Oil painter Linda Park has exhibited her paintings throughout the UK and as far away as New York but now she is showcasing some of her pieces at the Dundas Street Gallery, with proceeds raised going towards type 1 diabetes charity JDRF, which has pledged more than £4m to fund research in Scotland, and Alzheimer Scotland.
Linda said: “Audrey is my oldest friend from school and her eldest daughter, Rebecca, was diagnosed with type 1 diabetes when she was just eight months old.”
One of the toughest aspects of type 1 diabetes is having to experience hypos, which are when the body’s blood glucose levels drop too low. Some people living with type 1 diabetes don’t experience symptoms warning them of a hypo, making the condition even harder to manage.
Speaking of Rebecca, Linda explained: “Throughout the years I’ve watched her grow up having to endure endless finger prick tests, carb counting and encounter hypos, which is scary as Rebecca is hypo unaware.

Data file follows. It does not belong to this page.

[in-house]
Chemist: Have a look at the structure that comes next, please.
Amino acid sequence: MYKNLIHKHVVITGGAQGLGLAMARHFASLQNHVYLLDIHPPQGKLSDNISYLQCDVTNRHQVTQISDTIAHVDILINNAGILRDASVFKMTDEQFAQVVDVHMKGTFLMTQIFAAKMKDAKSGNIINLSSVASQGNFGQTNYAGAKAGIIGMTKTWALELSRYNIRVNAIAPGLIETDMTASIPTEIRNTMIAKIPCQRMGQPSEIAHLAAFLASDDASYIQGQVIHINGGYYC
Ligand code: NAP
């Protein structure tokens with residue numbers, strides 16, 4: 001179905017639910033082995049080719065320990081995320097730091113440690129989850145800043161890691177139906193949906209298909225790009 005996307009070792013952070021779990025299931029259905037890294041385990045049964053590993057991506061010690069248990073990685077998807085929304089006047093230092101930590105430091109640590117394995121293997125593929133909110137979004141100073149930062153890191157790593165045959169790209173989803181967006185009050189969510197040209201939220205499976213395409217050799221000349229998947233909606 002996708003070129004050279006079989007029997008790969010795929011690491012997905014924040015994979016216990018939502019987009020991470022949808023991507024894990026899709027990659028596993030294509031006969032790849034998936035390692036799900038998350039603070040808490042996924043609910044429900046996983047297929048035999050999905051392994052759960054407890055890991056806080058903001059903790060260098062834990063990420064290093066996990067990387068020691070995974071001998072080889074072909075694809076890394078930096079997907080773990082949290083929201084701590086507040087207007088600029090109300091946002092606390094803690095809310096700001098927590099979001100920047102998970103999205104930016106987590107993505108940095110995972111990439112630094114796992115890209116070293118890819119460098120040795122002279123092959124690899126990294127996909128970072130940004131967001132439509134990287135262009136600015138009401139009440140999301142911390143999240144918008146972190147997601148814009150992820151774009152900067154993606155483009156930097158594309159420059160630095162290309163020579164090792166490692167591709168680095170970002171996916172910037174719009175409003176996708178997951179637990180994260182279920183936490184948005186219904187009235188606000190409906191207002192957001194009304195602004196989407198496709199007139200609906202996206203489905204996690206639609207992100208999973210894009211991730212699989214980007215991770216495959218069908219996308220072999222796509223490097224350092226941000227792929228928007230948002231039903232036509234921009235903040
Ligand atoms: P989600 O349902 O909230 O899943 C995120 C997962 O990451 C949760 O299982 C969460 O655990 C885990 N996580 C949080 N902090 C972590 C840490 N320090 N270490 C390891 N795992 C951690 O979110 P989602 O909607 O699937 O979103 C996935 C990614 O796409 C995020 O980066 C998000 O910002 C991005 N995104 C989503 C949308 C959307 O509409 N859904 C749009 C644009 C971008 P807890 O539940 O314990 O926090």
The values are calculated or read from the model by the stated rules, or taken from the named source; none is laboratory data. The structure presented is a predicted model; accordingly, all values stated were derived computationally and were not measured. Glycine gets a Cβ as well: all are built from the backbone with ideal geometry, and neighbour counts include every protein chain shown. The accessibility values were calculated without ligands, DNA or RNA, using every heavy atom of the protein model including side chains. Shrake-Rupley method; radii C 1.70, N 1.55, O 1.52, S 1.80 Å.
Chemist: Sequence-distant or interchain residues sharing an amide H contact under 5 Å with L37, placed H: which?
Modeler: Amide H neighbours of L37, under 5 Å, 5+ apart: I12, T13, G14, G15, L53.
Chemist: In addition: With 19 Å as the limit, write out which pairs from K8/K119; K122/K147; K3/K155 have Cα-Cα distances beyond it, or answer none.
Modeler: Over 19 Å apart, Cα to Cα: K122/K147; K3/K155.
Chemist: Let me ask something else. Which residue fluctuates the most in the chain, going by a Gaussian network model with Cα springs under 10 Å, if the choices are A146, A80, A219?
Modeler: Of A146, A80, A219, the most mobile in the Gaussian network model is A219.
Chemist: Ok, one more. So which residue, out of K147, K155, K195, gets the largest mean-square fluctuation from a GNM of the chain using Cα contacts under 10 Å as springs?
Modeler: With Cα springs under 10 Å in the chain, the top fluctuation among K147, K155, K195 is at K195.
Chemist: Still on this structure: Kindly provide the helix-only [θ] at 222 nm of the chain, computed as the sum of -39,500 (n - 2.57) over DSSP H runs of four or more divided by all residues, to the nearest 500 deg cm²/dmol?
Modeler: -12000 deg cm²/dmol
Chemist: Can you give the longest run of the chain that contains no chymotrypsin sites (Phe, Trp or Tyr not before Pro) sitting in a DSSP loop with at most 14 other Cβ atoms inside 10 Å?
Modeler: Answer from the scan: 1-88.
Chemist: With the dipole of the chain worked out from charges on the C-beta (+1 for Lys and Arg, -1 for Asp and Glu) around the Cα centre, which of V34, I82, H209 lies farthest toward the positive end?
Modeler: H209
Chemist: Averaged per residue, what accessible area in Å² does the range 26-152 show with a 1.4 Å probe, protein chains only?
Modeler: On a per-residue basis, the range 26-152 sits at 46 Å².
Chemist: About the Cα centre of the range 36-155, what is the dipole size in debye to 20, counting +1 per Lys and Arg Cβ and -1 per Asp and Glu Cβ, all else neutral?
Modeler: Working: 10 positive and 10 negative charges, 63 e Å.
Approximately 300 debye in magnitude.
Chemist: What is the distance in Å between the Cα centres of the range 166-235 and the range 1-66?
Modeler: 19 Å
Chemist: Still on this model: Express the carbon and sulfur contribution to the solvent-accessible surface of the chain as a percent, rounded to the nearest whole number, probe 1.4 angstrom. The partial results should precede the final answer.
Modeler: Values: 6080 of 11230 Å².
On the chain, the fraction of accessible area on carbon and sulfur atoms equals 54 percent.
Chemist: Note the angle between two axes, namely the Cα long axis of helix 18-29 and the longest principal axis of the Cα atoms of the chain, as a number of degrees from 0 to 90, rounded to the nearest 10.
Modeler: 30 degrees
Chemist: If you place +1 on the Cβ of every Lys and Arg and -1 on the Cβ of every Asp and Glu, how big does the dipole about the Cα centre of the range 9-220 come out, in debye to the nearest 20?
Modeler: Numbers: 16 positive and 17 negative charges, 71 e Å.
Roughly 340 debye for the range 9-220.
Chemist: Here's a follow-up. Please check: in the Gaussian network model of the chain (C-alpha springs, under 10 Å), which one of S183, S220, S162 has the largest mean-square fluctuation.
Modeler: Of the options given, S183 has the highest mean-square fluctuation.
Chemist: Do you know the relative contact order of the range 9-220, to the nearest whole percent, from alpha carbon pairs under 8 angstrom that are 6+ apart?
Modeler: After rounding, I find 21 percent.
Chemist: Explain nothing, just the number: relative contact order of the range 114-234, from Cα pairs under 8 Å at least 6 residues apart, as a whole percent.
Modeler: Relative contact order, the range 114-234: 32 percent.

“Rebecca is about to become a teenager and I’d love for nothing more for her to one day be able to get rid of her insulin pump. The only way we can do this is through research to find a cure.”
Linda added: “Also, my father has Alzheimer’s, and Alzheimer Scotland has been a fantastic resource for my mother.
“Both these charities do tremendous work which is why I’m doing the exhibition.”
Audrey Peachey, who went to St Columba’s Primary in Kilmacolm with Linda, and now lives in Dunbar said: “I’m so touched Linda is putting on the exhibition. She’s such a talented artist and a true friend. The support I’ve had from her throughout the years has been amazing.
“When Rebecca was diagnosed she was so young – she couldn’t tell us how she was feeling. After several trips to the GP she was sent to the Sick Kids Hospital where they diagnosed type 1 after Rebecca lost consciousness.”
Linda, who lives with husband Richard, son Sam, 12, and daughter Jenna, 10, in Canonmills, is inspired by her travels within Scotland and France and decided to change direction from her architectural studies to become a professional artist.
She said: “I’ve always been interested in art, but used to paint for a hobby. However, once the children were a little older and nearly at school age I embarked on being a full time artist.
“It’s the best thing I’ve done and I love creating pieces that show off how captivating the elements can be and how they draw you in. I love hosting exhibitions and telling the stories behind each piece to people.”